How to inspect a Used Car: Used Car Inspection Checklist
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An inspect a used Car is a wise option when you want value for money. To avoid the risk of ending up with a used car that’s going to leave you stranded – we suggest inspecting it on your own or asking for a professional inspect a Used Car.
Follow these 9 steps to ensure you cover all your bases and find a vehicle that’s worth your hard-earned money.
- Check Mileage
13,000 miles per year is the average most people drive a car according to available data. Any more than that is going to start putting the vehicle at above average mileage for its model year and should warrant a discount to its less-driven peers. Edmunds and KBB are the sources you can use to your advantage when determining the market value of a used vehicle.
- Check the vehicles’ history report
Investigate the Car’s History – to see if there has been any previous damage. The seller might have the history report ready to view. If not, you can download buy it online or ask an inspection company to provide it.
Please note that a CARFAX report is a good idea, but it doesn’t always tell the full story. It might be missing information is there wasn’t a insurance claim made etc. But, the good new is there are other ways to find out more about a car.
- Examine for Rust and Paint discoloration
A close look at the paint job can reveal history. Compare panels for color uniformity. If the color of the panels doesn’t match, the vehicle was probably in an accident.
Rust If you find rust on the bodywork of the vehicle, it may just be an aesthetic problem, but it might also indicate deeper issues that are costly to repair. Frame rust, for example, could impact the integrity of the vehicle and poses a threat to the car’s longevity. If you see rust on the body of the vehicle, check under the hood and the undercarriage for further signs.
- Tire Inspection – examine for wear
Coin Tread Depth test is a quick way to check a tires tread. Insert a coin in the tread to and examine it – repeat for every tire. Please don’t forget the spare. If the grip is worn down, the tires may need to be replaced soon at extra cost to you. There may also be an alignment issue if the wear on the tires do not look even.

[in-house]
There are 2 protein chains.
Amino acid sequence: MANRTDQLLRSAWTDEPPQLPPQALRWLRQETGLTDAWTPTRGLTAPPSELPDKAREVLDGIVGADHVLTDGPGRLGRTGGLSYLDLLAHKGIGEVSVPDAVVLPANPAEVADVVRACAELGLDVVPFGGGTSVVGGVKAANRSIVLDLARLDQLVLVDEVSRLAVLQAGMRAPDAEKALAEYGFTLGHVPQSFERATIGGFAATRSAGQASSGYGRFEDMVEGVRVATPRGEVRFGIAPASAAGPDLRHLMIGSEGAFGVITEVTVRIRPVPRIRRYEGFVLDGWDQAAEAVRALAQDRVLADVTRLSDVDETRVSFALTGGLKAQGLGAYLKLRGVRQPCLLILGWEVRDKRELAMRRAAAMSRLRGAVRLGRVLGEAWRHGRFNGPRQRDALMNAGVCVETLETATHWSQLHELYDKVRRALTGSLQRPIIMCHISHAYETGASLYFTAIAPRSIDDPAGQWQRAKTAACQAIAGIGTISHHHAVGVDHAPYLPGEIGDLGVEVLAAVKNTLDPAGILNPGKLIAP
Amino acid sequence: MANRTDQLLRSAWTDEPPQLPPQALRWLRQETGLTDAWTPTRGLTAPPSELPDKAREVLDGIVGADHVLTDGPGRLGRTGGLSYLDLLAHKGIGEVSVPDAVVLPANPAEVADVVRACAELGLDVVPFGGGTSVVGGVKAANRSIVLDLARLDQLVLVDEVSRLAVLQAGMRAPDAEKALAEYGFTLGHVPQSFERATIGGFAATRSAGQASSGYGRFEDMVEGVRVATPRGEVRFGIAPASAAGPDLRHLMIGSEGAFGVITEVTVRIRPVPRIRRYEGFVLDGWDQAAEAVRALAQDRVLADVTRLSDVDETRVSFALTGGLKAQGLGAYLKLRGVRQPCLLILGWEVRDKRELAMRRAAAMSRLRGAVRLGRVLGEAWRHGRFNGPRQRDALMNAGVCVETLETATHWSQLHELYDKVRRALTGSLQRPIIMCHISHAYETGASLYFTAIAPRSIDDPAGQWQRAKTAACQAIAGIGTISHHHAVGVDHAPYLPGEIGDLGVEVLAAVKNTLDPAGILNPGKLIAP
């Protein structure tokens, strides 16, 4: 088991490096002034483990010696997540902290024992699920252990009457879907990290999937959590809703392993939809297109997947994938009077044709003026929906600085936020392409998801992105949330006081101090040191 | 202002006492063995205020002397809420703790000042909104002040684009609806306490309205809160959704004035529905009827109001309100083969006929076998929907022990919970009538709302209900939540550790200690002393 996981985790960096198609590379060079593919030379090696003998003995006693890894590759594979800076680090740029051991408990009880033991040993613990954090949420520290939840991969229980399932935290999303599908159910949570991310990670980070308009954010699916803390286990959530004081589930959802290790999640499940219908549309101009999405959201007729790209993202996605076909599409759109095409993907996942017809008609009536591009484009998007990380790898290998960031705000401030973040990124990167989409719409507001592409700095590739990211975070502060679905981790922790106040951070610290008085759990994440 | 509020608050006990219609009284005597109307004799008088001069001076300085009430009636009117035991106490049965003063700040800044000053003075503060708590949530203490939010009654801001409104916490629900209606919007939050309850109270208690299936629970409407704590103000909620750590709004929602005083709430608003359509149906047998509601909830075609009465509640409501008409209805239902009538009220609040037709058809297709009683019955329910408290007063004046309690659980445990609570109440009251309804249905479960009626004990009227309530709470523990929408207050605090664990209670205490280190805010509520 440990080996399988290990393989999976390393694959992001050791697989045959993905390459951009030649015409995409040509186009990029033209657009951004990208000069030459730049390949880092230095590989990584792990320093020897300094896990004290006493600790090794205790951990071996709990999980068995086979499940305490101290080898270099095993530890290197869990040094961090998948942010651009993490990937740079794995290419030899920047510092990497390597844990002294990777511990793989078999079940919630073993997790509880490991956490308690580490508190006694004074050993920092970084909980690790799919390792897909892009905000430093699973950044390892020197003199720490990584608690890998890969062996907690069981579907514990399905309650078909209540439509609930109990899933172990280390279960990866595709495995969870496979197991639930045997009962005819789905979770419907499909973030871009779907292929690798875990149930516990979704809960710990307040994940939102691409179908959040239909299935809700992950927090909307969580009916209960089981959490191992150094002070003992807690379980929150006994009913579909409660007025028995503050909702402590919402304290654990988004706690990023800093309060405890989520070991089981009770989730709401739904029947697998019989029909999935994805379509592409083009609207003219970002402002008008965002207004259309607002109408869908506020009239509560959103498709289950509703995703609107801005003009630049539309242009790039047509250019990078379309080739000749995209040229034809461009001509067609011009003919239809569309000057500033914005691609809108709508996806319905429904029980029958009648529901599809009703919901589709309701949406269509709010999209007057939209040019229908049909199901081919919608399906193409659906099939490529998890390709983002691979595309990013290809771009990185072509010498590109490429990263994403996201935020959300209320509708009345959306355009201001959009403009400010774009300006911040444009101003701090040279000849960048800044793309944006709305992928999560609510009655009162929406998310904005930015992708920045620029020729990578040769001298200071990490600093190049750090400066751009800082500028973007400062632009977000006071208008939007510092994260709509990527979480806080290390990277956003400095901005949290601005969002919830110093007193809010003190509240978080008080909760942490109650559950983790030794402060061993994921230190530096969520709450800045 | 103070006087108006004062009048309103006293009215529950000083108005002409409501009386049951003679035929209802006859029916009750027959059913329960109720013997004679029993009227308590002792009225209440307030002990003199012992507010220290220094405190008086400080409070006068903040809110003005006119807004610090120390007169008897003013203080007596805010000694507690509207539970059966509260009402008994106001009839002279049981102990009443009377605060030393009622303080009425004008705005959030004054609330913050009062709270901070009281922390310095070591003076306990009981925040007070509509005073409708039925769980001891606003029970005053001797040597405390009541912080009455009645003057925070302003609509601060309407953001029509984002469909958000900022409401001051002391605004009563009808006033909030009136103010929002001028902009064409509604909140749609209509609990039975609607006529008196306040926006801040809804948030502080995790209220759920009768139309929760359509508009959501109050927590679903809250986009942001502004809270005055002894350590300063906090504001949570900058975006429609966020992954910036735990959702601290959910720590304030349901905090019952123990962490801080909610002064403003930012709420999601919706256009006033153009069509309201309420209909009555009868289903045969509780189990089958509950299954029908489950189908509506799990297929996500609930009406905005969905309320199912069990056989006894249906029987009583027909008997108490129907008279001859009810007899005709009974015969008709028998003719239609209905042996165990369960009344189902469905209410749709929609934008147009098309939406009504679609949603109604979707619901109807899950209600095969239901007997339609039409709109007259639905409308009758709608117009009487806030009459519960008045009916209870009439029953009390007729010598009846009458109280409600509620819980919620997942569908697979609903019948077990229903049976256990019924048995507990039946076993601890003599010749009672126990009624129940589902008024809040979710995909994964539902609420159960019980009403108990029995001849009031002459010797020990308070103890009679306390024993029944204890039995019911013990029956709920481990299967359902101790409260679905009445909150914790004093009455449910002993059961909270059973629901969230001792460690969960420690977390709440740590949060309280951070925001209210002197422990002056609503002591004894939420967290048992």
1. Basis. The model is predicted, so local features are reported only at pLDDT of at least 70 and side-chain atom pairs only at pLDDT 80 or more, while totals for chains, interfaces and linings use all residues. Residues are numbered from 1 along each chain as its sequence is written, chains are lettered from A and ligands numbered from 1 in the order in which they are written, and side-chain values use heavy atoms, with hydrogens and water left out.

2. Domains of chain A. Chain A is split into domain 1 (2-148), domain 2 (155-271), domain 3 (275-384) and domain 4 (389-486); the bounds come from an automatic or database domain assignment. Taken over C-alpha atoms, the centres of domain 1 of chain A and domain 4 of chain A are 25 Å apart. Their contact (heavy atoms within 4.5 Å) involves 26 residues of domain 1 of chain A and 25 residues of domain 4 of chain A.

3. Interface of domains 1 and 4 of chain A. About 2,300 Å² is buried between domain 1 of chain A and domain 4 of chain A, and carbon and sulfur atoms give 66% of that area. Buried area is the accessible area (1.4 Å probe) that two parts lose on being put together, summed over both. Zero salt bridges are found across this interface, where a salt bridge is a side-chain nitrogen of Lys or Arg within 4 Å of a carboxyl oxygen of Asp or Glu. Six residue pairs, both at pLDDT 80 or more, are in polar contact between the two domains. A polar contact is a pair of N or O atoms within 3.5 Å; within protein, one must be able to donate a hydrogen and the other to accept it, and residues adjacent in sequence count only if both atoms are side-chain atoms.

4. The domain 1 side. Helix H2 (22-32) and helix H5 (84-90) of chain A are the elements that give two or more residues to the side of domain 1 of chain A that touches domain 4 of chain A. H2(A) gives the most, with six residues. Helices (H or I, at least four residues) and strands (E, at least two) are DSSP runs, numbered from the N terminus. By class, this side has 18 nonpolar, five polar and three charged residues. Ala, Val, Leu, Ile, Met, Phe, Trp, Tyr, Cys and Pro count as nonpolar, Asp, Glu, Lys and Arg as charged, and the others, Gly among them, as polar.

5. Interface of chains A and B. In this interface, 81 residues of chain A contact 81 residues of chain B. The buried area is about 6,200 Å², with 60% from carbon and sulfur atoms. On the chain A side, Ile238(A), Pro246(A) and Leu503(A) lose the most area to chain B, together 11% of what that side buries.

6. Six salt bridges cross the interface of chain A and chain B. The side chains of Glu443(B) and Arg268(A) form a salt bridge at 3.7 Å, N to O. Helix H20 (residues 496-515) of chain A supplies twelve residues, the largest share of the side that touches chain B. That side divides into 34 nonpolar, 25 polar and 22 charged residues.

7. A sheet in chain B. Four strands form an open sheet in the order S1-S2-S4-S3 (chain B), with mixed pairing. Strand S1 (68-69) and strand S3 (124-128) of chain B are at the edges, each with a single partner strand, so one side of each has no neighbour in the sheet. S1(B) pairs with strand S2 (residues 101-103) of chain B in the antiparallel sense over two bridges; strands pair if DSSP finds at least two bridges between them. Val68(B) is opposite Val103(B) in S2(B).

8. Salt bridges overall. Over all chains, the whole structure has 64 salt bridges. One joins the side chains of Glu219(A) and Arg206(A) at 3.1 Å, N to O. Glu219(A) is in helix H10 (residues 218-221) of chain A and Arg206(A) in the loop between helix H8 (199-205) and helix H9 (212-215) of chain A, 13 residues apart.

- Check Undercarriage and look for leaks on the ground
Check the ground and undercarriage for any signs of leakage while you’re examining the tires. Leak repairs – can be costly and could offer a offer a price break.
- Open the Hood
- Check oil levels. Remove the dipstick and wipe it clean. Push the dipstick in again and then withdraw it. A light oil color usually means a recent service, if dark or muddy – it hasn’t been changed in a while. Add the service cost to the price.
- Look for signs of rust or corrosion under the hood. These signs are a good indication of the car’s past treatment, current condition, and life expectancy.
- Inspect belts for signs of wear. If any of the belts are frayed or torn, they may need to be replaced soon.
- Check transmission fluid. Ensure that levels are high. The fluid should be a clear reddish color
- Brake fluid. You can predict how worn your brakes are based on how much fluid is left in your reservoir. Low brake fluid levels mean the brakes need some repairs.
- Check antifreeze. Make sure there’s no oil contamination and that the color is clear.
- Check the battery. Look for leaks, damaged cables, poor contacts or corrosion.
- Lights: Headlight, Taillights and Signal Lights
Ensure brake lights, turn signals, headlights, and taillights are all in working order. Also, check for all interior lights are working too.
- Driving Test
Listen for any strange sounds, vibrations. When you start the engine does it sound normal? Do any Warning /Check Engine lights (indicating DTC Error Codes) light up? Check the performance when you press the throttle. Does the steering wheel vibrate or turn to one side? Check how the vehicle handles on different road surfaces. Brakes can give you a good feel for the their wear or if they pull to one side. Don’t forget to check the parking break. If it’s a manual shift – feel the gear’s shift to see if it’s smooth.
Car diagnostic scanners for used are important to read DTC error codes – If you have the more expensive ones – they can tell you if the error codes have been recently reset. To mask problems short term.
- Professional Inspection
If you’re not feeling comfortable performing items on this inspection checklist, ask a knowledgeable friend. It’s also a good idea to take it to a mechanic to get it checked out. Any problems the mechanic identifies can be used as points of negotiation if you decide to make an offer. The professional inspection fee is a small price to pay compared to buying a problem-ridden vehicle. When selecting a service check for the comprehensiveness, OBD scan tool and peer comparison.
If you pick it well – you are certain to enjoy your new “used car purchase”.
To learn More about the Science of Car Inspection Read More at
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